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Thousands hear 2 evangelists at different sites

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Graham draws 70,000 total in 7 Northwest
events; Zayas rally in Hillsboro sees 6,000

By JOHN FORTMEYER, CNNW publisher

It’s been an unusually busy summer for mass evangelistic events in the Pacific Northwest, attended by tens of thousands — and it’s not over yet. On the heels of Andrew Palau’s stadium event in Eugene July 28 that drew nearly 10,000 people, and only weeks before evangelist Chris Overstreet’s outreach this month in Portland (see story elsewhere on this website), Franklin Graham drew about 70,000 total at seven Northwest events last month and Oregon evangelist and pastor Jose Zayas saw almost 6,000 at his Aug. 12 stadium event in Hillsboro.

At each gathering held to date, a clear invitation to faith in Jesus Christ was given by the featured speaker, with many hundreds of hands raised in response throughout each venue.

Graham’s Oregon events

Three of Graham seven evening events in the Decision America Pacific Northwest tour took place in Oregon, and the remainder in Washington. The first Oregon gathering was Wednesday, Aug. 1, at the Jackson County Fairgrounds and Exposition Park in Medford, with an estimated 8,700 attending despite a thick haze in the air due to wildfires in both Oregon and northern California.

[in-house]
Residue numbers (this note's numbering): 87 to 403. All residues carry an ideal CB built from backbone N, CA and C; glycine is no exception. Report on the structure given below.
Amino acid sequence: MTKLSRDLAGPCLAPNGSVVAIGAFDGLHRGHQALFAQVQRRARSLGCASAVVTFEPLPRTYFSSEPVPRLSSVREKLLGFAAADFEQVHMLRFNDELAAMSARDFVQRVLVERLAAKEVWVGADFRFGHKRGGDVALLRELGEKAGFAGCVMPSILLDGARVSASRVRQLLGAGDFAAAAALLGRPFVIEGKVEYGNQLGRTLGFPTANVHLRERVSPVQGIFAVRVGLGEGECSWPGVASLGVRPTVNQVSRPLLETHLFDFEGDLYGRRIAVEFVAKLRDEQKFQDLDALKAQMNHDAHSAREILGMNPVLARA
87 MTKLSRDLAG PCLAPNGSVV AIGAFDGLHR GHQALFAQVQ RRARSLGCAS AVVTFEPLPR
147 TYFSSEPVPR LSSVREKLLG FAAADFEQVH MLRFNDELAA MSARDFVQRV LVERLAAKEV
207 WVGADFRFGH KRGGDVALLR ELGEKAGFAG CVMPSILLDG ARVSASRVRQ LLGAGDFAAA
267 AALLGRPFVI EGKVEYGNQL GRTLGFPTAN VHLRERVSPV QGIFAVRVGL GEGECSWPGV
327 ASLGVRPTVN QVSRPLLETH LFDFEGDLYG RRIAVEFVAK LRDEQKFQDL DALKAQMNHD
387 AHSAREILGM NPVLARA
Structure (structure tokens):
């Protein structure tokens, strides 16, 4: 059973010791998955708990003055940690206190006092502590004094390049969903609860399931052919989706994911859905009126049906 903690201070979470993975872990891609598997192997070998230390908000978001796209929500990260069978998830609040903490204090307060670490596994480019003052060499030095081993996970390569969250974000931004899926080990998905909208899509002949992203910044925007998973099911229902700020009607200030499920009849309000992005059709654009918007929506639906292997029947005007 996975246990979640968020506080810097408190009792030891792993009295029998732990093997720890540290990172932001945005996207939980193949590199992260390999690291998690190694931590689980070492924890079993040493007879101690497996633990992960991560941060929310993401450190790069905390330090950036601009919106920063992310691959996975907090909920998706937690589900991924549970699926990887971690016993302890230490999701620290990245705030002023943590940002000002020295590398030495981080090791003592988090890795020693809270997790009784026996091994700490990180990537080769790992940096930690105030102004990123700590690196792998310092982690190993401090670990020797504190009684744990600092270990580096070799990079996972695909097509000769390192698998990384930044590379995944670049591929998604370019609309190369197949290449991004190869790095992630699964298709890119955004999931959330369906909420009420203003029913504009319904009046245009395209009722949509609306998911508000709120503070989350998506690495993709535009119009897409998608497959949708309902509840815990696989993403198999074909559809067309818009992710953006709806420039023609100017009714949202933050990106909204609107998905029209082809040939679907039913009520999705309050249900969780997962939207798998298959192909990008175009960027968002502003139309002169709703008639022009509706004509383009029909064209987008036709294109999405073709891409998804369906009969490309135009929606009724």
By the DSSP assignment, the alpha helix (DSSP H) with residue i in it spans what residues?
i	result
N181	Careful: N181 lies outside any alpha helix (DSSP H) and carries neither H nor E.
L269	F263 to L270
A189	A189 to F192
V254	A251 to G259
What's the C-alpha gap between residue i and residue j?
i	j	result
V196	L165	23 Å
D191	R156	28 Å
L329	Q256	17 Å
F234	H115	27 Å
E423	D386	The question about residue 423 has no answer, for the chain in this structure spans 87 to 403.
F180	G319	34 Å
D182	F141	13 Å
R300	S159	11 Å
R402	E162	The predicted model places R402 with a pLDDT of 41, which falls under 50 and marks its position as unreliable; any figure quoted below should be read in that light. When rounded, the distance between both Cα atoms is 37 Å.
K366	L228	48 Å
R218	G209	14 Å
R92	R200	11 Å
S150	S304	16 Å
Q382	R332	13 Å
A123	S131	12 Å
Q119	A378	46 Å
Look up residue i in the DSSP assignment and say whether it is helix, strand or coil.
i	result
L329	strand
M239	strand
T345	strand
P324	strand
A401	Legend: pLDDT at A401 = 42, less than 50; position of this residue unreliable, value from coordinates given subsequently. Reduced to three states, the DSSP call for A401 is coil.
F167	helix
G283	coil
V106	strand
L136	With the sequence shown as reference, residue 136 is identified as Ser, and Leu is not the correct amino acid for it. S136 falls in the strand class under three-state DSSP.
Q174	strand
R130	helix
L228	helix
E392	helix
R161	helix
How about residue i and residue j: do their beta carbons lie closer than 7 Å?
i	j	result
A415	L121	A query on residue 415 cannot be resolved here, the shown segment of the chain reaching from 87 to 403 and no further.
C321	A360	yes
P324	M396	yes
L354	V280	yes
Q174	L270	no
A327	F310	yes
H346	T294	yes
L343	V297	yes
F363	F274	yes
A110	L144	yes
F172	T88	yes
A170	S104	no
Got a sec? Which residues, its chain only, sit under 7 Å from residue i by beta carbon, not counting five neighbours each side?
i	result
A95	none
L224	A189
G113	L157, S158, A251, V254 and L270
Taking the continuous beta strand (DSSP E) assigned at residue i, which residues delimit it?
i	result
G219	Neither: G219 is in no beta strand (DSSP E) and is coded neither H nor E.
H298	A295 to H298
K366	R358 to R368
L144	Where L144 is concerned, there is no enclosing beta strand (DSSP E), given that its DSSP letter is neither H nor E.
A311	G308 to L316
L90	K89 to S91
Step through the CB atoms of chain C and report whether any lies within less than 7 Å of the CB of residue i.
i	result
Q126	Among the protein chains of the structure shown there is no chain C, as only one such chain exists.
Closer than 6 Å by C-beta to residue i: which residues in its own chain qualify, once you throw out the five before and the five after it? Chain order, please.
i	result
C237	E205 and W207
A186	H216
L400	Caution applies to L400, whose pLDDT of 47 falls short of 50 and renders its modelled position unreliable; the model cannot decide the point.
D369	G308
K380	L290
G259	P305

According to the Medford Mail Tribune newspaper, Graham described himself as “not a politician,” and said he is not involved with either major political party. He said Republicans and Democrats are both incapable of solving the nation’s current divide. and that only God can heal the rift, but that His people must pray.

Speaking about the wildfires, Graham said the all-hands-on-deck mentality that was combatting them was an example of how Americans can work together despite their differences.

Two days later, Graham moved on to Central Oregon, with an appearance at Christian Life Center’s Life Amphitheater in Bend.  Crowd estimate there was 5,100.

Graham told the gathering that Jesus Christ is the only true source of beauty, hope and freedom. Focusing on the Old Testament story in Daniel 5 of King Belshazzar’s idolatry and Daniel’s purity, Graham noted that idolatry continues today as modern culture elevates sports, celebrities and relationships over God.